There are a number of preventative techniques that will help to prevent throwers elbow, including bracing and strapping, modifying equipment, taking extended rests and even learning new routines for repetitive activities. However, there are three preventative measures that I feel are far more important and effective. Firstly, a thorough and correct warm up will help to prepare the muscles and tendons for any activity to come. Without a proper warm up the muscles and tendons will be tight and stiff. There will be limited blood flow to the forearm area, which will result in a lack of oxygen and nutrients for the muscles. This is a sure-fire recipe for a muscle or tendon injury. Before any activity be sure to thoroughly warm up all the muscles and tendons which will be used during your sport or activity. Click here for a detailed explanation of. Secondly, strengthening and conditioning the muscles of the forearm and wrist will also help to prevent throwers elbow. There are a number of specific strengthening exercises you can do for these muscles, but instead of me going into the details here, I have simply found another web site that has already done all the hard work.
The following site explains a number of exercises you can do, both with and without weights, and also includes diagrams and comprehensive explanations of each exercise. Although the site is specifically about tennis elbow, the exercises also relate very well to throwers elbow. And thirdly, flexible muscles and tendons are extremely important in the prevention of most strain or sprain injuries. When muscles and tendons are flexible and supple, they are able to move and perform without being over stretched. If however, your muscles and tendons are tight and stiff, it is quite easy for those muscles and tendons to be pushed beyond their natural range of movement. When this happens, strains, sprains, and pulled muscles occur. To keep your muscles and tendons flexible and supple, it is important to undertake a structured stretching routine. While the recommendations on this page are a good starting point, you\’ll get a lot more benefit when you include a wider variety of stretches. To do away with stiff, tight muscles and joints, and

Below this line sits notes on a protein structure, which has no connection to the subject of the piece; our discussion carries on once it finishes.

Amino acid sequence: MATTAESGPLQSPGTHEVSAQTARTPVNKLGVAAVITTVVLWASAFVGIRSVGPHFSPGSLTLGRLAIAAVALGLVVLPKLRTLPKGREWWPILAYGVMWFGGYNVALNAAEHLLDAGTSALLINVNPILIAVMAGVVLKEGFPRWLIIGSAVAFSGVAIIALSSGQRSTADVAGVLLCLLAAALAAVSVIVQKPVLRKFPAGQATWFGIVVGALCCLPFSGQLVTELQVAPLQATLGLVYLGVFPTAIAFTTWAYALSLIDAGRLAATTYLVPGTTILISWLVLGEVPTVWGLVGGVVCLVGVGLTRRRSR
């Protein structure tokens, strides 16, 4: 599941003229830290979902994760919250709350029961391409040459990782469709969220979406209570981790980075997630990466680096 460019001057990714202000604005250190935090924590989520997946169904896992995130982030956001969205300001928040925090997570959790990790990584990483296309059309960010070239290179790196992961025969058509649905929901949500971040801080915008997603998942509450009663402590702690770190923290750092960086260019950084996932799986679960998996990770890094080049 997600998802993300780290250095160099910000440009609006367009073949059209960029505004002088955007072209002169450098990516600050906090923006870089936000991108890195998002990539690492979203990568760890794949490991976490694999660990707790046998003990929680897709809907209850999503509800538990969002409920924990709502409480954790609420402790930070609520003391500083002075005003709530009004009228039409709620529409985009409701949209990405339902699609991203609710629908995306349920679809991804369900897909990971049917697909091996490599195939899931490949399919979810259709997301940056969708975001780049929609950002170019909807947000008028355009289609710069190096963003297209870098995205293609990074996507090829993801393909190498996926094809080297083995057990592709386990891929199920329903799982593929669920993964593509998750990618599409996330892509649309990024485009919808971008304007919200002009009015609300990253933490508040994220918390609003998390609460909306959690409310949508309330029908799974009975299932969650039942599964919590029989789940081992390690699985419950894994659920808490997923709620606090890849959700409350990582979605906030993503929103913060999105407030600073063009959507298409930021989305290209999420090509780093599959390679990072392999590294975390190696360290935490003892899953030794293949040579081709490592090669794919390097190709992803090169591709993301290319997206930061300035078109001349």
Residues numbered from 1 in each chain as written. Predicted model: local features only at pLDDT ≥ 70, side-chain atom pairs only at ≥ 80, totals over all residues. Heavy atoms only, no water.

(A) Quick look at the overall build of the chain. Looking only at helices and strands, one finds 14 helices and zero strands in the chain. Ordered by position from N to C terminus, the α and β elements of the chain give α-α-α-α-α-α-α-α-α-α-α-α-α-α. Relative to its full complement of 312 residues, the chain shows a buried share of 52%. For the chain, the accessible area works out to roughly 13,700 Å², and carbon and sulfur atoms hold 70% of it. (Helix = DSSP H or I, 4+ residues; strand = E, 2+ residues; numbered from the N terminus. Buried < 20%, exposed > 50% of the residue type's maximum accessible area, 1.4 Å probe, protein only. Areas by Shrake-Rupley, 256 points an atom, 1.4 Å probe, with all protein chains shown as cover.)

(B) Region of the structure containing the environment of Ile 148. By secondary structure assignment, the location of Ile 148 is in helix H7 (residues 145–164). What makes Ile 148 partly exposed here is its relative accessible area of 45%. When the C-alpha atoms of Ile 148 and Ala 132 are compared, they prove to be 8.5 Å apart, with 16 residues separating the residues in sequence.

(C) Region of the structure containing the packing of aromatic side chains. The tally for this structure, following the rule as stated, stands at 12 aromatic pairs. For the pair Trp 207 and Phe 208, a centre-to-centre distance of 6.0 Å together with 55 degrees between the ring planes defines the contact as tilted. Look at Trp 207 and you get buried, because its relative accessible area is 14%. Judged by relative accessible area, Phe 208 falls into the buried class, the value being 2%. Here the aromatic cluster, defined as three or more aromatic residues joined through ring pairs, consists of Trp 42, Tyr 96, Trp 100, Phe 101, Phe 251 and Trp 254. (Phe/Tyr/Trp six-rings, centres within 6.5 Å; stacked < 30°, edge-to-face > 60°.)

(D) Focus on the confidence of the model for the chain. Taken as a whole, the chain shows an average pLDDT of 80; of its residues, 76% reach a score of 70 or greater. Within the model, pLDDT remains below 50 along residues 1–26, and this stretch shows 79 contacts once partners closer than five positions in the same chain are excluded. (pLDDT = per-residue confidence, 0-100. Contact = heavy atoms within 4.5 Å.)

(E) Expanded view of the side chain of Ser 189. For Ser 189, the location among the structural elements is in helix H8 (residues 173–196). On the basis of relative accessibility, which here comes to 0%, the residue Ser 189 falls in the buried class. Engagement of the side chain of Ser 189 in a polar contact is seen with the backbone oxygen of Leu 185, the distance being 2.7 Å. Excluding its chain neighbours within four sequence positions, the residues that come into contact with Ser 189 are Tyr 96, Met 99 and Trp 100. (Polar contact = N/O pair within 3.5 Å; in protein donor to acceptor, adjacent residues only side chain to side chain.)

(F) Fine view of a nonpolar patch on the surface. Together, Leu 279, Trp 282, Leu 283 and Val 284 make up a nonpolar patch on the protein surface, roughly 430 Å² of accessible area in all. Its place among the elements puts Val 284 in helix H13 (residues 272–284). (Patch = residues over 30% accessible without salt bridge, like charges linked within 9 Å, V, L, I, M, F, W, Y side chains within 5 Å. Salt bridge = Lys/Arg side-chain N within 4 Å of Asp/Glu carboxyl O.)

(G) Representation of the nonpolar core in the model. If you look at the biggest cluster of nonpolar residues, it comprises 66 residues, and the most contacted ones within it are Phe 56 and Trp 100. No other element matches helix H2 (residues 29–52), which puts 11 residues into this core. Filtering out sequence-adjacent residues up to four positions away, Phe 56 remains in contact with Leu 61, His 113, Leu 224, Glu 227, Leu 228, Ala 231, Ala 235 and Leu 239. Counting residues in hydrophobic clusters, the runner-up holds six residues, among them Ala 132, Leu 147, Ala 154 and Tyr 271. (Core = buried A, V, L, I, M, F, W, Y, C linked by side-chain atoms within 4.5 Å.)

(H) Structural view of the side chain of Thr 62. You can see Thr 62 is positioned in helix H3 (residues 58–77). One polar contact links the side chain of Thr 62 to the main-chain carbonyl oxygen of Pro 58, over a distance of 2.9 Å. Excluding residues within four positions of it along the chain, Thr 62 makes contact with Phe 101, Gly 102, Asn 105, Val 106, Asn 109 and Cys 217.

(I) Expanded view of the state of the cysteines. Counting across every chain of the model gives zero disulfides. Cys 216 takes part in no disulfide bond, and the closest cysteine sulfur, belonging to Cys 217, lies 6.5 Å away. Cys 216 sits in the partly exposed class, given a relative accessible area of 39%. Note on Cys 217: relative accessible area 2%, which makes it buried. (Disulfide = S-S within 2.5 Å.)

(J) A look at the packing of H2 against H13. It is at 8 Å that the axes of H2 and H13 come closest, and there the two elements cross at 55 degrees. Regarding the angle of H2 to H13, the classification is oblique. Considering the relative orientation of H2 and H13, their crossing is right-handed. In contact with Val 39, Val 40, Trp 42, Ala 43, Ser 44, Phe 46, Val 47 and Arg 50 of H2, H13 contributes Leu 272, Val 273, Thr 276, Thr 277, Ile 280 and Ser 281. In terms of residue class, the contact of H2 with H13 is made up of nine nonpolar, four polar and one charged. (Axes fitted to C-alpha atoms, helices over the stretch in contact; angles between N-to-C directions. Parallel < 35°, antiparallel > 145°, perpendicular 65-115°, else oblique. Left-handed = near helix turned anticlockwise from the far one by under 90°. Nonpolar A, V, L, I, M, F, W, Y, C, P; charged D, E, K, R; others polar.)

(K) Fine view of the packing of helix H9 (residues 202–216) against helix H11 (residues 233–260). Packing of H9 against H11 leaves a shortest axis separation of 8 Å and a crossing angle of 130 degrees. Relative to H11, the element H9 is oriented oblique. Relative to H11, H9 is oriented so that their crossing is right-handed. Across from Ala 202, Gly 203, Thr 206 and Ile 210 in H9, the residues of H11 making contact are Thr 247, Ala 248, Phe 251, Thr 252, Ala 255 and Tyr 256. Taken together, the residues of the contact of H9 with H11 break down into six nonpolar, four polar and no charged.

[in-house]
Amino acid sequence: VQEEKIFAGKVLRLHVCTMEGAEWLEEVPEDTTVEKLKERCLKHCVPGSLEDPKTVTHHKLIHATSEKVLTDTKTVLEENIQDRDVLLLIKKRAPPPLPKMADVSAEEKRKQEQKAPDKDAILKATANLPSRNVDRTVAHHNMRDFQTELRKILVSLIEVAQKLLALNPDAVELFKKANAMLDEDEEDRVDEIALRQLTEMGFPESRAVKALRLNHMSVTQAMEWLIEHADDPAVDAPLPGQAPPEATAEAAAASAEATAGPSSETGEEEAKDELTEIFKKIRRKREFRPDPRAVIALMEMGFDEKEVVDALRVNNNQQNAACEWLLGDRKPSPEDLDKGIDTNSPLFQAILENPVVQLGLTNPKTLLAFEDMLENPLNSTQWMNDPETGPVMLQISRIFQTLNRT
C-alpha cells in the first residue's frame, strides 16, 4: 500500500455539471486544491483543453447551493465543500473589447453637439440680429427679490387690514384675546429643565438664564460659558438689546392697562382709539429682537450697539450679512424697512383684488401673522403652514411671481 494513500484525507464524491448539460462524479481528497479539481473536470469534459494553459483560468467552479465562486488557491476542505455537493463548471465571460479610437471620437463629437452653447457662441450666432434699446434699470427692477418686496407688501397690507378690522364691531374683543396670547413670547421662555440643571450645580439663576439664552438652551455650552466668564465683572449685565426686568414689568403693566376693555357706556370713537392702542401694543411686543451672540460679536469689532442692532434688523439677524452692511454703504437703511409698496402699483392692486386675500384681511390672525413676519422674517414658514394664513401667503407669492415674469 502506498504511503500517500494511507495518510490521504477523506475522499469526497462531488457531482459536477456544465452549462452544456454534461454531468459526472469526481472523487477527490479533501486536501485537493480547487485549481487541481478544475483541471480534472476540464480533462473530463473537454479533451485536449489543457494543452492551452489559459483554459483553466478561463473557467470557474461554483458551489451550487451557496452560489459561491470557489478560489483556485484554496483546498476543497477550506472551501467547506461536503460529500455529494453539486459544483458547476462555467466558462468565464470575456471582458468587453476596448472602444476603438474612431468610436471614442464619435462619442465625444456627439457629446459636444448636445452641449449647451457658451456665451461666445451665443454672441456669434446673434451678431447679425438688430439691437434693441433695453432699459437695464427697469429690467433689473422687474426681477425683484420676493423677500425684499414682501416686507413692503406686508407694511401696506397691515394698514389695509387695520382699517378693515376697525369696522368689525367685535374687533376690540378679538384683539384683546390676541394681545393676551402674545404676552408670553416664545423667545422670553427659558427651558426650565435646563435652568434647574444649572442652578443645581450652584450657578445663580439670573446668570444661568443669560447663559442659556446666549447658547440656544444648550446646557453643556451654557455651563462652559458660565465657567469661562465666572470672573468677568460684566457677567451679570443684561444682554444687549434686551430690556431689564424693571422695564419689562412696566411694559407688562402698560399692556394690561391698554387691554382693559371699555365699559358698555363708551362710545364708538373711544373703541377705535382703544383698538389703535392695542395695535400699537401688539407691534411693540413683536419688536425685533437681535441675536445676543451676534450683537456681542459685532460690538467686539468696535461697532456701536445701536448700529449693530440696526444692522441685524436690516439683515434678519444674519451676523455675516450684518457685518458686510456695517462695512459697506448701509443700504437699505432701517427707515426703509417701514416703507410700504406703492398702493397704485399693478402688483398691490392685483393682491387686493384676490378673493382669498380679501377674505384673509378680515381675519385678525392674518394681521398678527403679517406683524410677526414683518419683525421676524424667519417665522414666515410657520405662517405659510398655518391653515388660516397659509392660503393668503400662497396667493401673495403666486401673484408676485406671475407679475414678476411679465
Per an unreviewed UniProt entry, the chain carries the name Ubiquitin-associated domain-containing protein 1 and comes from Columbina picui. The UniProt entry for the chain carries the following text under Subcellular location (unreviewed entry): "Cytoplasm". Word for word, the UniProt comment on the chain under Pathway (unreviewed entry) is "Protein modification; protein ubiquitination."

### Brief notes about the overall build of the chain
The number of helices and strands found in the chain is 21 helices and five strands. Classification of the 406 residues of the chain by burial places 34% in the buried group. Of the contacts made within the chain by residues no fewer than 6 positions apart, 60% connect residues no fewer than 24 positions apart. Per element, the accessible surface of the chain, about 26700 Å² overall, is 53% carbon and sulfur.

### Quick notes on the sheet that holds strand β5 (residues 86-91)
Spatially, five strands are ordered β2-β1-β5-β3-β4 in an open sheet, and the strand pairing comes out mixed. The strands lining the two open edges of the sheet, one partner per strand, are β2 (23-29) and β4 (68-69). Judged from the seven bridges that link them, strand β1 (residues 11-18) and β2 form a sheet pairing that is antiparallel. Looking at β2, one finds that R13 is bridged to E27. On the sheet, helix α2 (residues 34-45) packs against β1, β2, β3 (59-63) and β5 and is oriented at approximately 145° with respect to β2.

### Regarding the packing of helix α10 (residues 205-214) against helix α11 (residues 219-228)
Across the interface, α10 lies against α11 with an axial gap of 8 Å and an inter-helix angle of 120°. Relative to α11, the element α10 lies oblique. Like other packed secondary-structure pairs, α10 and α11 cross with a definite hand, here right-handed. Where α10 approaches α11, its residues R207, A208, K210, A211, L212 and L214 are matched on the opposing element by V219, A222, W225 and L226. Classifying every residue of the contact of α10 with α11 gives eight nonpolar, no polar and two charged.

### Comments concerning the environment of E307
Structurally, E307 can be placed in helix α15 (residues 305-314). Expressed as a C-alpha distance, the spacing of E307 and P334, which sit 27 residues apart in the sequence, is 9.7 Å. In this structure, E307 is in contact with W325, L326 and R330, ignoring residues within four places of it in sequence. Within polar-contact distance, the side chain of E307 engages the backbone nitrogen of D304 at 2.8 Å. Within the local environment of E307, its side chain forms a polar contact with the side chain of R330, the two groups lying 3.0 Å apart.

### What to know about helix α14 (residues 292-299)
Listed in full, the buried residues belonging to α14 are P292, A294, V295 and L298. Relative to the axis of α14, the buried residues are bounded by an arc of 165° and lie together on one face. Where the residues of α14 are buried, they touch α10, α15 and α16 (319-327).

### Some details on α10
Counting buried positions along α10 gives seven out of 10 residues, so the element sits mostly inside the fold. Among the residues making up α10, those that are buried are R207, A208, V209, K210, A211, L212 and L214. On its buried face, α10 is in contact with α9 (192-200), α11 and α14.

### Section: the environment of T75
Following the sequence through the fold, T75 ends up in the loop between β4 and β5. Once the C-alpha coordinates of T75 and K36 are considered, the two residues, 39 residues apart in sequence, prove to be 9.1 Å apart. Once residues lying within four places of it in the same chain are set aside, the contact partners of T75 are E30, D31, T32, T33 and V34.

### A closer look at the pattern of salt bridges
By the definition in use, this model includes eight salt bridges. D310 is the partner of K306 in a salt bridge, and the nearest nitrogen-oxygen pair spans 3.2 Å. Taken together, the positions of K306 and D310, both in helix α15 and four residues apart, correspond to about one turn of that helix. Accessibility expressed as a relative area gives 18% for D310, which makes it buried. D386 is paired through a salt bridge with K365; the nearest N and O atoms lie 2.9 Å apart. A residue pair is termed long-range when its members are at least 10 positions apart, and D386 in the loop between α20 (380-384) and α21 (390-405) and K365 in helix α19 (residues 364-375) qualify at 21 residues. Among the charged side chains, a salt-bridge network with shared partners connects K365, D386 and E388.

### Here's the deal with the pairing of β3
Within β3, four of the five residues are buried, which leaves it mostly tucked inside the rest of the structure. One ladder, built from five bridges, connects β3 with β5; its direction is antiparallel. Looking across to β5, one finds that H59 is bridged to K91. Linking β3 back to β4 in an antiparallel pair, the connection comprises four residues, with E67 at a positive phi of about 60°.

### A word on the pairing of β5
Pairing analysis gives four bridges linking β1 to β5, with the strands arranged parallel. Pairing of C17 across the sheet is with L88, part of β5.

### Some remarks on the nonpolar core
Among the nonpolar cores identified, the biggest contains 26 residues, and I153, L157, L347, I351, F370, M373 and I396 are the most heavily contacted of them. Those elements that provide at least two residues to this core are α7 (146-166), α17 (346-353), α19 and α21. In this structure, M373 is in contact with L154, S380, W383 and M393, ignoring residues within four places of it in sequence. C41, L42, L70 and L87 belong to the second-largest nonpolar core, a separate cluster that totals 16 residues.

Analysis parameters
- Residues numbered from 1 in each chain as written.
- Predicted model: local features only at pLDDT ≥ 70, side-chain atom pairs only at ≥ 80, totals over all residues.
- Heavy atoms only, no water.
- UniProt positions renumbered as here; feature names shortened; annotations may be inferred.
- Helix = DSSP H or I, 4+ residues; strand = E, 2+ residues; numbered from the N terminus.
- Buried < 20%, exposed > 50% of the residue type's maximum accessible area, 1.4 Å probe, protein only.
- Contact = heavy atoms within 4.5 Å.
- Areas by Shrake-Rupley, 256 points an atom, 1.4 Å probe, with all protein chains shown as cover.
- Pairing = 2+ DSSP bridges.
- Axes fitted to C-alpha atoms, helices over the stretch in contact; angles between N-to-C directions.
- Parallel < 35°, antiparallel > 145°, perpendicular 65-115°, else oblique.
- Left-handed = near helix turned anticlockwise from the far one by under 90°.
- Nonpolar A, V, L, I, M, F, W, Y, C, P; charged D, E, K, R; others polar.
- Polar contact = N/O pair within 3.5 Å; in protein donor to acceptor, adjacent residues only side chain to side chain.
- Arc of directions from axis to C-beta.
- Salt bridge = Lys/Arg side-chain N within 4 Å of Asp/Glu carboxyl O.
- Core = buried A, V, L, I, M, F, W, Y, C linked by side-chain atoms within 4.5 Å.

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In no time you\’ll. Improve your freedom of movement and full-body mobility. Get rid of those annoying aches, pains and injuries. And take your flexibility (and ease of movement) to the next level. You\’ll get 135 clear photographs and 44 video demonstrations of unique stretching exercises for all the major muscle groups in your body. Plus, the DVD includes 3 customized stretching routines (8 minutes each) for the Upper Body; the Lower Body; and the Neck, Back s enjoying your favorite sport, or walking the dog, or playing with the grand kids. Imagine getting out of bed in the morning with a spring in your step. Or being able to work in the garden or play your favorite sport without paying-for-it the next day. Click here now to improve your flexibility and fitness, and become loose, limber and pain free! HOW IS AN ELBOW OR SHOULDER INJURY DIAGNOSED? If a young athlete is throwing too hard, too much, too early, and without rest, a serious elbow or shoulder injury may be on the horizon. If the athlete complains of elbow or shoulder pain the day after throwing, or movement of the joint is painful or restricted compared to the opposite side, see a physician familiar with youth sports injuries immediately.
HOW CAN OVERUSE BASEBALL INJURIES BE PREVENTED? в especially those related to the UCL and shoulderвare preventable. Some tips to keep you in the game throughout your life include: Warm up properly by stretching, running, and easy, gradual throwing Adhere to pitch count guidelines, such as those established by Little League Baseball (See tables) Don\’t pitch with elbow or shoulder pain, if the pain persists, see a doctor Emphasize control, accuracy, and good mechanics Master the fastball first and the change-up second, before considering breaking pitches HOW IS AN OVERUSE ELBOW OR SHOULDER INJURY TREATED? The most obvious treatment for overuse is rest, especially from the activity that created the injury. Ice is also used to reduce soreness and inflammation. Ibuprofen can be taken to help with any pain. If symptoms persist, it is critical that a physician be contacted, especially if there is a lack of full-joint motion. An examination and radiographs should be done.
An MRI scan may also be helpful. Usually a simple \”rest cure\” approach will not be enough, because even though it allows symptoms to subside, it also creates loss of muscle bulk, tone, flexibility, and endurance. Once pain is gone and full motion is present, a throwing rehabilitation program can start. Under some circumstances, surgery may be necessary to correct a problem. Overuse and stress related problems can affect growing parts of bone, not just the soft tissue (muscles, tendons, and ligaments). If the condition is not treated, it could cause deformity of the limb and permanent disability. The athlete should return to play only when clearance is granted by a health care professional. American Orthopaedic Society for Sports Medicine. 2005. Little League Baseball. American Sports Medicine Institute. Professional Baseball Athletic Trainers Society. The following expert consultants contributed to the tip sheet: Mary Lloyd Ireland, MD James R. Andrews, MD Glenn S. Fleisig, PhD Sports Tips provide general information only and are not a substitute for your own good judgement or consultation with a physician.